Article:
being updated on a continuous basis by his officials on progress.  A
further payment run is due this week and it is expected that over
1,000 payments will issue. Further payment runs will be made on a
weekly basis as cases are cleared.  The Minister is satisfied that
every effort possible is being made to complete this process as
quickly as possible.

Speech at launch of the new Meath Leader Programme

European issues, Funding, Meath, Speeches


Speech at the launch of the LEADER 2014 – 2020 Programme for County Meath in the Ardboyne Hotel, Navan, Co. Meath on Thursday 22nd September 2016 at 6:00 pm by Damien English, TD, Minister for State at the Department for Housing and Urban Renewal.

Good evening ladies and gentlemen, I am delighted to be here with you in the Ardboyne Hotel to launch the LEADER 2014 – 2020 Programme for County Meath.

I want to start by thanking the Local Action Group and its Chair Sinead Smith along with Michael Ludlow of Meath Partnership for asking me to join with you this evening.

LEADER is built on the strength of Local Action Groups – local people making decisions locally.

The Meath LAG was in the first tranche of Funding Agreements which were signed last July for the delivery of LEADER and I’m sure that under Sinead’s stewardship it will continue to lead the way under the new programme.

The LEADER Local Development Strategy for Co Meath is built on a vision for the county and within this vision lies a challenge to create a county which fulfils its social and economic potential.

A County that is a preferred location for living and doing business in and one that provides us and our communities with the highest standards of living and quality of life.

The LEADER Programme works off the principle that rural communities hold the key to their own destinies and that in any county the people are the greatest available asset.

LEADER helps to facilitate the practical expression of such greatness.

With a budget of over €6.9 million for LEADER in county Meath, it provides a unique opportunity to focus additional support on enterprise and jobs, social inclusion and the disadvantaged and the quality of the environment in which we live and work.

This programme will build on the work achieved during the last programme which saw some great benefits to the people, our local communities and business in Meath.

  • The Brú Micro Brewery in Trim,
  • The Military War Museum near Collon,
  • Tayto Park at Kilbrew,
  • The Meath River Rescue Boathouse at Navan
  • St Mary’s Silver Band Performance and Training Centre.

In addition to these many communities have led the development and upgrade of local community facilities, great credit is due to these volunteer bodies who took on formidable projects and the financial burden involved.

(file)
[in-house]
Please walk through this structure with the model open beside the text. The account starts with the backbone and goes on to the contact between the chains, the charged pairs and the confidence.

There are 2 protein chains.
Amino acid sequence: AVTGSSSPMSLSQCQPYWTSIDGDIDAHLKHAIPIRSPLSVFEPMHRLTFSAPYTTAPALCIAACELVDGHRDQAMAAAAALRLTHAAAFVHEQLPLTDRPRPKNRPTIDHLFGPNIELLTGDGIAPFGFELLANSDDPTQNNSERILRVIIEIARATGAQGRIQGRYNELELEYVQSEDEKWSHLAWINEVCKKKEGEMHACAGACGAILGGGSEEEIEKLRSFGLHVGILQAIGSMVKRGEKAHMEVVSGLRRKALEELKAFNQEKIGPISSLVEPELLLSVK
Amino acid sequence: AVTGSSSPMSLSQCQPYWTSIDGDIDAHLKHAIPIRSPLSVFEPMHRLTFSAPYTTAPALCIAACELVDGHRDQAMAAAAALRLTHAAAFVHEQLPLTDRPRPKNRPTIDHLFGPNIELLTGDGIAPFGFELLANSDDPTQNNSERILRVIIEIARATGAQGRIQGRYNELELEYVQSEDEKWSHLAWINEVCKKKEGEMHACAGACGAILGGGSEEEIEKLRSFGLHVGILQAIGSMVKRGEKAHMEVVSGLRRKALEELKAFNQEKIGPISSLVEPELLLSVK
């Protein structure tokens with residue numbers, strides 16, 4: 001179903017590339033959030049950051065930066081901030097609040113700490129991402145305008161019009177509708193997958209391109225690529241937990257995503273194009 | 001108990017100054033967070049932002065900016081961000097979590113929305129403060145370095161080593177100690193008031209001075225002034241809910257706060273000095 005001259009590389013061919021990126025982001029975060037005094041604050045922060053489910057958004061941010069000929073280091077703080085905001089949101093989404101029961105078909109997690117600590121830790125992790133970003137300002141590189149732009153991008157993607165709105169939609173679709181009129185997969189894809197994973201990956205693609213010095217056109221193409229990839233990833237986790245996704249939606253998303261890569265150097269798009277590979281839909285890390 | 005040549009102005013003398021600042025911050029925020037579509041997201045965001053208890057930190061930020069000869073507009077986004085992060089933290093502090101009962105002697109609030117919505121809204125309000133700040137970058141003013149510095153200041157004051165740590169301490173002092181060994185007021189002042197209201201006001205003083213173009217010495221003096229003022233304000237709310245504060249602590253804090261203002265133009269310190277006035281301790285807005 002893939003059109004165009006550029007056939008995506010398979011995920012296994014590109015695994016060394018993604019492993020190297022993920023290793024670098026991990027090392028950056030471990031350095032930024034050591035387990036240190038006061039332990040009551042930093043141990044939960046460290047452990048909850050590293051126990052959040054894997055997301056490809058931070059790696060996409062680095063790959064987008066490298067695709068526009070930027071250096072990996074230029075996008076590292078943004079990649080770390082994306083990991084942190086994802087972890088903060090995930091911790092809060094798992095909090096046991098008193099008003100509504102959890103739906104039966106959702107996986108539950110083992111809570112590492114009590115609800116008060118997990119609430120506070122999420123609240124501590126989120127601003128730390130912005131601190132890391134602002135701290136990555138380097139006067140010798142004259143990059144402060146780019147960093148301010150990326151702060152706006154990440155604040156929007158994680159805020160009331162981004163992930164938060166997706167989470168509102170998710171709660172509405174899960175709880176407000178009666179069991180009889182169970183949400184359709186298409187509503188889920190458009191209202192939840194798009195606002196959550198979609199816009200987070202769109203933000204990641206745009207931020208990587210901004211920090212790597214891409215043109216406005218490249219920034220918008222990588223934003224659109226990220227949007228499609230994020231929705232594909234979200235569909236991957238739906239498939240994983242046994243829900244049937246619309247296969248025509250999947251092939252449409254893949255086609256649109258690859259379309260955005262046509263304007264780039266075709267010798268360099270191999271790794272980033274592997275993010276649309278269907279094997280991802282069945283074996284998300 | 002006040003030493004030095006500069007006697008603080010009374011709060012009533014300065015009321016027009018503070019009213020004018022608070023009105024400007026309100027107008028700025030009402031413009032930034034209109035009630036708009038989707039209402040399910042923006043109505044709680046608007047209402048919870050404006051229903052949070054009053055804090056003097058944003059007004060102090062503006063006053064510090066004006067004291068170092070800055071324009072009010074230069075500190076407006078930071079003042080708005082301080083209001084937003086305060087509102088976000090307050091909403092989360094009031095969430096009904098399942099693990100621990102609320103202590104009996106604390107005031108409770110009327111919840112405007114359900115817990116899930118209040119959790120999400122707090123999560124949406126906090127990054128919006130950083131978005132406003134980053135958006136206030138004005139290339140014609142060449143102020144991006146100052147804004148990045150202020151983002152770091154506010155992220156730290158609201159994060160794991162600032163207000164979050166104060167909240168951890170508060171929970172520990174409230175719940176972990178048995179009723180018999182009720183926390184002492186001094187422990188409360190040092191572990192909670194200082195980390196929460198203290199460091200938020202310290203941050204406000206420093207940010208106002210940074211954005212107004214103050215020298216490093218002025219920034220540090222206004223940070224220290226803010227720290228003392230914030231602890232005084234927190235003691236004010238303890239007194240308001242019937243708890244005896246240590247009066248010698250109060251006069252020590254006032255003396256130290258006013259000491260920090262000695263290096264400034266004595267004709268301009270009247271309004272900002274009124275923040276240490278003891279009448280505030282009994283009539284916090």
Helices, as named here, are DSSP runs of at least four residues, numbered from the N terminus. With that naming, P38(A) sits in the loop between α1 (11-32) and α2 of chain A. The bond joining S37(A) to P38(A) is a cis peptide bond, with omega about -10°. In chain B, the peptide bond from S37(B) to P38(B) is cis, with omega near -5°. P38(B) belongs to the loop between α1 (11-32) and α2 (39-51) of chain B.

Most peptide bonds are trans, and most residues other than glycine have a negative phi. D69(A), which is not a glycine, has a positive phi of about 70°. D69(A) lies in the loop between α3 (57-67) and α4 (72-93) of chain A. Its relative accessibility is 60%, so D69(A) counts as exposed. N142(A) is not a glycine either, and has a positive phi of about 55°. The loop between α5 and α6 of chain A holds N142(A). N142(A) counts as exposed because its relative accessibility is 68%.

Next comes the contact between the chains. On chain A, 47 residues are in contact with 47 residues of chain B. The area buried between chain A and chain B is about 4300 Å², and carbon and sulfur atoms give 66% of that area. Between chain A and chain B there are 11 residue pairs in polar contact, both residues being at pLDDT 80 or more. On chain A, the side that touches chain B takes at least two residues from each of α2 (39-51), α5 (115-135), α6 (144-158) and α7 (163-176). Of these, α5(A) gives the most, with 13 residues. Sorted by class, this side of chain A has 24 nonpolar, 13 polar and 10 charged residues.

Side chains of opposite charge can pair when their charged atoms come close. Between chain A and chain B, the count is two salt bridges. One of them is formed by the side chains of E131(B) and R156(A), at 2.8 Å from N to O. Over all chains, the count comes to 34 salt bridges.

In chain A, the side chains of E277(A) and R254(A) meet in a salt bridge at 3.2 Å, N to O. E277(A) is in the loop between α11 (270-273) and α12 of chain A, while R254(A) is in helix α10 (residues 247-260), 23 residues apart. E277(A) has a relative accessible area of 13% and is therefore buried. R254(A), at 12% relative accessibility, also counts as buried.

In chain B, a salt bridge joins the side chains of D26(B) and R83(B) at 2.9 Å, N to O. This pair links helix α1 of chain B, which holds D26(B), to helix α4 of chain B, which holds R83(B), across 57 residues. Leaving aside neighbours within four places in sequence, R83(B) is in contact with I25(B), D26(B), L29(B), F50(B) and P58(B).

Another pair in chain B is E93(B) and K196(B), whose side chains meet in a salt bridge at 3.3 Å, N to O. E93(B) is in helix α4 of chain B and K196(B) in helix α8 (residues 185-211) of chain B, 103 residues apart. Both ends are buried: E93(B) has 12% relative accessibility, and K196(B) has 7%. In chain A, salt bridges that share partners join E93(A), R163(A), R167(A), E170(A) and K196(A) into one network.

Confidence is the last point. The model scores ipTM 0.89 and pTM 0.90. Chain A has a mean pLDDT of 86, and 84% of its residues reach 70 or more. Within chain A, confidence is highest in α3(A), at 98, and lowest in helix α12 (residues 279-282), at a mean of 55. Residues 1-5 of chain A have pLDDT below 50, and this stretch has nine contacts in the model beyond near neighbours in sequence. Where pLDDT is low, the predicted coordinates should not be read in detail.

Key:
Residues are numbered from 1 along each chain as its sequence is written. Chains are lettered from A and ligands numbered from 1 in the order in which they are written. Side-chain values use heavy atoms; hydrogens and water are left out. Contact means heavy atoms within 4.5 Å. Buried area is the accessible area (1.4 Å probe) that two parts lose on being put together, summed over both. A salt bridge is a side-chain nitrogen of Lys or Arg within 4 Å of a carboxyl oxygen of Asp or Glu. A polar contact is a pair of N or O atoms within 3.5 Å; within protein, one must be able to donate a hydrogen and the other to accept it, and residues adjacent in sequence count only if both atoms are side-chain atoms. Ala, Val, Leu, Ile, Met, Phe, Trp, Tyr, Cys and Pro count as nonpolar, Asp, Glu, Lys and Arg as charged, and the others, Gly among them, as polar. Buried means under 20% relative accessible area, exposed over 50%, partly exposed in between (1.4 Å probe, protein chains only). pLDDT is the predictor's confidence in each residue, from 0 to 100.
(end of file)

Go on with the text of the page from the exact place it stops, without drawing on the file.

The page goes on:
Communities which stand out in this respect include Cormeen, Ashbourne, Ballivor, Oldcastle, Skyrne, Ballinlough, Moylagh, Summerhill, Boyerstown, Bohermeen and Athboy to name but a few.

I am aware that the foundation planning is well advanced in respect of new community applications to LEADER and I wish you every success as you go forward.

As a funding initiative, LEADER is open to all rural dwellers, including community and voluntary groups, small to medium enterprises and private individuals.

Within the framework of the Local Development Strategy, LEADER can offer developmental support and grant aid to projects aiming to promote quality of life and economic opportunities through local actions and operations initiated through the bottom up developmental process.

The LAG delivering LEADER in Meath is the Meath LCDC in conjunction with Meath Partnership as the Implementing Partner and Meath County Council as the Financial Partner.

I want to acknowledge and commend the good work of all of these partners. This is a new model for LEADER delivery but with your continued hard work and a collaborative spirit, I’m confident that LEADER can make a real difference for Communities and employment in county Meath.

The LEADER programme can fund enterprise development, job creation, rural tourism and recreation. In addition, it promotes social inclusion and basic services for hard to reach communities.

Other areas of possible activity include initiatives aimed at rural youth, renewable energy, the protection and sustainable use of water resources at a local level and the protection and improvement of local biodiversity.

The new LEADER Programme provides a great opportunity to build on these types of projects throughout the County, which are to the benefit of Meath and Rural Ireland generally.

I hope you agree that there is a wealth of opportunity within all those areas. I know that there are communities, entrepreneurs and businesses here in county Meath with worthwhile projects that could avail of this funding.